Dirty Union

Dirty Union

Dirty union

Beginning with a confluence of forces,
La Nina’s warm fat seas playing tricks,

mother of all wet seasons in the not so sunshine state,
throw in a cyclone, hammering rain

on sodden ground, refusing any more drinks,
swollen tributaries, groaning banks

straining to control the heaving flow
of brown water and detritus.

Vigorously crushing all resistance,
the gargantuan river has its way,

bursting the banks,

pounding onwards, urgent but clumsy,
wild strength of river water, penetrating

barricaded suburbs, love-tidy homes and gardens,
shipshape business precincts, offices and shops,

revelling in the strange, the new,
devouring all with fetid breath and force,

yanking the hair of things long envied and despised,
floating restaurant, yacht, insidious walkway,

stripping away all fight with muscle and mass,
the power of the taking, rank defilement

of victims, punch-drunk on mud-scarred earth,
bereft and huddled in disbelief.



ps. One of a series of poems about the great flood of 2010/2011 in Queensland, Australia. The first in the series is In all Innocence.

Flood Catastrophe in Queensland

Flood Catastrophe in Queensland

In case you missed the headlines, the flood disaster in Queensland has got steadily worse in the past few days and authorities are now describing the situation as a mega-catastrophe.

I once wrote a post Run for the Hills: The Gabe Files about my recurring dream of tsunami and massive floods. I couldn’t work out why Brisbane was in the dream!  Well here we go.

Seventy-five percent of the State is flood affected and the cities of Ipswich and Brisbane have now gone under. Tens of thousands of houses and business have been flooded, livestock and pets killed, roads and bridges destroyed, and the number of people killed is steadily rising as the search and rescue continues.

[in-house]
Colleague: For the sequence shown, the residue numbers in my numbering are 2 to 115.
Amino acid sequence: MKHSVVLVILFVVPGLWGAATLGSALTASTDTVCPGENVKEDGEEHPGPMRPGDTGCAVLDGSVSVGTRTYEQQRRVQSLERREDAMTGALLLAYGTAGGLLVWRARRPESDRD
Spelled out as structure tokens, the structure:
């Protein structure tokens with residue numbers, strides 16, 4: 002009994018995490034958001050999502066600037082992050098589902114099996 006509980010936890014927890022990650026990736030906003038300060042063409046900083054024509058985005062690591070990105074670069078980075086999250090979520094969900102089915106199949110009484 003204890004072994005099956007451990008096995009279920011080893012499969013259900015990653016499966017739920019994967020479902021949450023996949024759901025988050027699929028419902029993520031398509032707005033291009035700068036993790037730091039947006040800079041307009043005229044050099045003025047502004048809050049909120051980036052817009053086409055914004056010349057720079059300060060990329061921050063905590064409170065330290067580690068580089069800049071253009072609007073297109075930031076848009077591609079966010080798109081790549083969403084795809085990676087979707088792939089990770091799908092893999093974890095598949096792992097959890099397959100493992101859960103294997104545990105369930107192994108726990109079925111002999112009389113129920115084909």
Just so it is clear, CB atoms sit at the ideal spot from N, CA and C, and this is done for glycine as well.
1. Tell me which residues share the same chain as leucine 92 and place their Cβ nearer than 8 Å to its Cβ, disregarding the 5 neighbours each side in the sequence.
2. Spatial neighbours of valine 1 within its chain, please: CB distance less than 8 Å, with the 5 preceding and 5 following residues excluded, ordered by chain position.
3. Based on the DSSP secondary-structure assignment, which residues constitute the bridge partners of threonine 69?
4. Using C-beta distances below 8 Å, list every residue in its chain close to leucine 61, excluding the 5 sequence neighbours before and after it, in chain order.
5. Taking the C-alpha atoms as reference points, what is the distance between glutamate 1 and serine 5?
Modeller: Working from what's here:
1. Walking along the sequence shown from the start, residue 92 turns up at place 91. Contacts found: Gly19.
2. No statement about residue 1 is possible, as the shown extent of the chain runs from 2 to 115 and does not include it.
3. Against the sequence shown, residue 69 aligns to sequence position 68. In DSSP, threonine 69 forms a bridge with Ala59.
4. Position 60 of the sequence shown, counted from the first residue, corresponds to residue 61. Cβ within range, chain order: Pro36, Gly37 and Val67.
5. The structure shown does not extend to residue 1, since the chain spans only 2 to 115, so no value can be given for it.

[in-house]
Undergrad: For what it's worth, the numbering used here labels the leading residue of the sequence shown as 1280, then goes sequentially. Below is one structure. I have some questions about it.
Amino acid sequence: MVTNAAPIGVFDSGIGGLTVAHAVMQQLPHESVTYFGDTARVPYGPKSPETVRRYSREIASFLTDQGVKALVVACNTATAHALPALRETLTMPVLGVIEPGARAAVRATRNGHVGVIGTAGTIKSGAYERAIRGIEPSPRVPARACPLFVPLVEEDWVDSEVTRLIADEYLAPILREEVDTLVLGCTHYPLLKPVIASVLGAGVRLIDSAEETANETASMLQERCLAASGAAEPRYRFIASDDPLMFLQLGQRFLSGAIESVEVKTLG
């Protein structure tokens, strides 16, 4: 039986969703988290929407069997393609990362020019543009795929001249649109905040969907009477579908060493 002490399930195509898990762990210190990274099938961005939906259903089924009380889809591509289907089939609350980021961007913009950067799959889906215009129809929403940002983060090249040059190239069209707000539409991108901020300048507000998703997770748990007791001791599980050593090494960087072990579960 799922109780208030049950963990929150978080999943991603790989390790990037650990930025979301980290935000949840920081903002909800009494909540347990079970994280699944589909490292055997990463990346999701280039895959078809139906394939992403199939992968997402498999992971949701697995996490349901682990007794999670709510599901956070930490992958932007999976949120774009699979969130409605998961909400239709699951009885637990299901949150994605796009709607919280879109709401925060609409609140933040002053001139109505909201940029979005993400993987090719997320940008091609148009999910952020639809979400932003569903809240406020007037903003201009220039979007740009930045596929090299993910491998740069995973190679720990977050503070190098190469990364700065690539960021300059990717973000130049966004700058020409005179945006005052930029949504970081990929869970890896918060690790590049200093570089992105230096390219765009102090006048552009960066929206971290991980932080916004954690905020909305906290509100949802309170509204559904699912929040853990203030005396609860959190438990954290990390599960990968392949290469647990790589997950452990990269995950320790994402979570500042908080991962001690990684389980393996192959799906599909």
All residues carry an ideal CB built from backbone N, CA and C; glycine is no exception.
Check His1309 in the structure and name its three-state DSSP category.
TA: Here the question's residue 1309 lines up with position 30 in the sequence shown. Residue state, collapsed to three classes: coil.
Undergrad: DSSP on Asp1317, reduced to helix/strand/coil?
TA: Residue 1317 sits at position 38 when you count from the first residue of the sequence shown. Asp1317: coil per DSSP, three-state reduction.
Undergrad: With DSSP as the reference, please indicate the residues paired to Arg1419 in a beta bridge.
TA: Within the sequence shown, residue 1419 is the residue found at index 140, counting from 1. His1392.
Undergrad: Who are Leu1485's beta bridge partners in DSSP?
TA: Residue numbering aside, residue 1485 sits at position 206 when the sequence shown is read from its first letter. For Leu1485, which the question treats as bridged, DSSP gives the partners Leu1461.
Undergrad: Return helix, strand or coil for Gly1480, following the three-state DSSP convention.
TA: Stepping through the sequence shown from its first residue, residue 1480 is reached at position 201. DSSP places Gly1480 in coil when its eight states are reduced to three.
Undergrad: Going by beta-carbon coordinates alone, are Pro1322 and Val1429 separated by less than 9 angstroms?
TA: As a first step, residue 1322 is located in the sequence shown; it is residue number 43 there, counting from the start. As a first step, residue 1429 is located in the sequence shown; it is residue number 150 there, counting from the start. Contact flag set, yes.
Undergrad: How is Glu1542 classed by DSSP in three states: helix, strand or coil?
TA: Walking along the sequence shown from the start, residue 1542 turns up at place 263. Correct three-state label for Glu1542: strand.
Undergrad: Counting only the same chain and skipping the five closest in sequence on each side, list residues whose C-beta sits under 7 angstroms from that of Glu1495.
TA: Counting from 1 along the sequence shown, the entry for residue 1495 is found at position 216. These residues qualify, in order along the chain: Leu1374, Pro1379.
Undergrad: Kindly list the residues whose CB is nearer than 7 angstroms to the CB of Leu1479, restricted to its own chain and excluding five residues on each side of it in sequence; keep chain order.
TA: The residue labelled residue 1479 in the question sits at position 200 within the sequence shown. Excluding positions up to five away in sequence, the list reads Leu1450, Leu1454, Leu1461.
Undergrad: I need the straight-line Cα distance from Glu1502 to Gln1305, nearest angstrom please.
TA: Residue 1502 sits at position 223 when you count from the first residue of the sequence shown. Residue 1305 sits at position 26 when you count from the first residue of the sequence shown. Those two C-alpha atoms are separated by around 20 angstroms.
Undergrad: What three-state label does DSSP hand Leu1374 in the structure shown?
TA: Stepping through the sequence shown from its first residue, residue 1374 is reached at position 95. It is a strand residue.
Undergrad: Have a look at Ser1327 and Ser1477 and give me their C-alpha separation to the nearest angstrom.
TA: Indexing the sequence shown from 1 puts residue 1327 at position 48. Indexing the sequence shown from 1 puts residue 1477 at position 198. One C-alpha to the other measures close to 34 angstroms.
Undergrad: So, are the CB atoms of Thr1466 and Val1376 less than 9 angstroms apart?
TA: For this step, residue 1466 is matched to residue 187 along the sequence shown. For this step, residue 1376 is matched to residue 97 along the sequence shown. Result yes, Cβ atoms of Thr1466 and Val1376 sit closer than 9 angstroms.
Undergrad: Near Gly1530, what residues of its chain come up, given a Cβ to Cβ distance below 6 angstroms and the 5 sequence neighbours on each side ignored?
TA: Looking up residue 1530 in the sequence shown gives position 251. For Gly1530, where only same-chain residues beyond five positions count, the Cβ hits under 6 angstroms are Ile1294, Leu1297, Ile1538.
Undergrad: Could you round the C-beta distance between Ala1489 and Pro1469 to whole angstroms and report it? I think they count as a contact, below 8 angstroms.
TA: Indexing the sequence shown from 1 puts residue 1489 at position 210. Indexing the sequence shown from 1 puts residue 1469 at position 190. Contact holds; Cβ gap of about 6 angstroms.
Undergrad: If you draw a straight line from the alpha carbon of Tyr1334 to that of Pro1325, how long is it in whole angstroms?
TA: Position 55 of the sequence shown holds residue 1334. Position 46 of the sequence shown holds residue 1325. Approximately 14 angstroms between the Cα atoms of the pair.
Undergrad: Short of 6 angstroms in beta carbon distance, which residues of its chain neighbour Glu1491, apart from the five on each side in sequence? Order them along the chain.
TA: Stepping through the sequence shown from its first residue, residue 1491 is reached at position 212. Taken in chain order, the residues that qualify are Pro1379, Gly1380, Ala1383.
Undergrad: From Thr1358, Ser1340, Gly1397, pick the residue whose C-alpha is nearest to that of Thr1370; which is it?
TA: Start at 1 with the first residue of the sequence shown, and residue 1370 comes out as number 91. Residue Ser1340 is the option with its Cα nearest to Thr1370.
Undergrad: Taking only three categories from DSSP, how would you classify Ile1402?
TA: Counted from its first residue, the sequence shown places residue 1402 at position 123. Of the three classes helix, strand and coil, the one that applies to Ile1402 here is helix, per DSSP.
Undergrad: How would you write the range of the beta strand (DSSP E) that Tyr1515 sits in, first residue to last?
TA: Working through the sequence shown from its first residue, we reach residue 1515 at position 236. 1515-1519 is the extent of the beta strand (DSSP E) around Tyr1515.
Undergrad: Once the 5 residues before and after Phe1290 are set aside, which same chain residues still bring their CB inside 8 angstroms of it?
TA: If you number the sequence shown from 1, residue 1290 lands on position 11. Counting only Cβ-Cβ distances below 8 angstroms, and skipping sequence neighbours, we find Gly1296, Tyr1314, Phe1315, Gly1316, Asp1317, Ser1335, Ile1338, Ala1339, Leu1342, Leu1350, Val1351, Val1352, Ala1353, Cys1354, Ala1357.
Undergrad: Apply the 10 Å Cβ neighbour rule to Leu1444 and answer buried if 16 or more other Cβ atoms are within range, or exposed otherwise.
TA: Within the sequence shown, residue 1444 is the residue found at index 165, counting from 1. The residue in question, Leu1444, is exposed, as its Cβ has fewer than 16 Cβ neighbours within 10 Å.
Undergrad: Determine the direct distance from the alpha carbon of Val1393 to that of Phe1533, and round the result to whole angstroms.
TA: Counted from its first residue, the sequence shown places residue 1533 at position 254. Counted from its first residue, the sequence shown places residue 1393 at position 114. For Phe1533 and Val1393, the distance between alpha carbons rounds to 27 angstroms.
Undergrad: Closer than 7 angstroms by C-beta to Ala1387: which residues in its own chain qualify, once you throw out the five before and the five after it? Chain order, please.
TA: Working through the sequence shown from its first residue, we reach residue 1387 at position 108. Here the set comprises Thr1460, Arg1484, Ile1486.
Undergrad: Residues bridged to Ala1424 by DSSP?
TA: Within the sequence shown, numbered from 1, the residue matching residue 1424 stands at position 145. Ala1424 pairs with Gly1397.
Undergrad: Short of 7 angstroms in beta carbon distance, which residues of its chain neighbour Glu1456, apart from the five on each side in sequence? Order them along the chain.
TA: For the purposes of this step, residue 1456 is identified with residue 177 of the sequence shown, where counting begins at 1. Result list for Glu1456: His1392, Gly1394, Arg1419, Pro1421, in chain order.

There was also an horrific flash flood that began in Toowoomba and then reached a number of small rural towns, wiping them out totally and killing people. A search and rescue mission is currently underway to recover bodies. There are large numbers of people missing.

Here is some footage of the flood in Brisbane. I used to live just a couple of blocks away from where they are pushing the Volkswagon. We have friends and people who were once neighbours who have houses completely submerged by water.

And some more of the Toowoomba flash flood and surrounding areas.

We are now safe here on the shores of Hervey Bay, but there is still weeks left of the wet season. Some towns have been flooded two or more times. Our neighbouring town of Bundaberg experienced more flooding just yesterday.

The whole State has ground to a holt, with ports and roads closed. There is no bread or milk in the shops today but hopefully this will be resolved in the next few days. The fruit and vegetable markets in Brisbane (Rocklea markets) which supply much of Queensland and Norther NSW was completely submerged by floodwaters and supplies will have to come from elsewhere.

The logistics of rescue, recovery and rebuilding are mind boggling but we have extensive resources and will deal with this disaster slowly but surely.

Queenslanders are tough and will help each other out in an emergency.

We can’t just run for the hills!




flood waters rise in fury
new bridge drowning
baptism gone awry


strong brown water swirling free
across the floodway
foolish driver perched in tree


teenagers out for a thrill
blow-up mattresses
no match for raging river



The weather is going crazy!

I live in a small seaside town in Central Queensland, Australia. Large parts of the State are experiencing the worst floods in living memory. My town is doing ok (except for some small areas of flood) but access roads have been cut-off by flood waters and the SES (State Emergency Services) has blocked entry and exit to the town.

It has been raining almost non-stop since Christmas and we are getting more in one day than you normally get in a whole month. Bundaberg, a large town about 45 minutes drive from us, got 165ml yesterday and it is likely that some of the towns people will be evacuated in the next 48 hours as flood waters rise.

My free-range silky chickens look like drowned rats, but are now safe and dry in their coop. I thought I might have to bring them in the house yesterday but the rain rapidly drains away through the sand around here and they are fine.

We’ve had to cancel a trip to a nearby town for a short holiday and relatives can’t visit as planned. But we are safe and have enough food and water to last the distance, and that is all that matters.

There are still a lot of idiots on the roads who drive though floodwaters when advised not to. These people place their own lives at risk and the lives of the SES workers who have to save them. Some people just can’t be told.

It’s not over yet!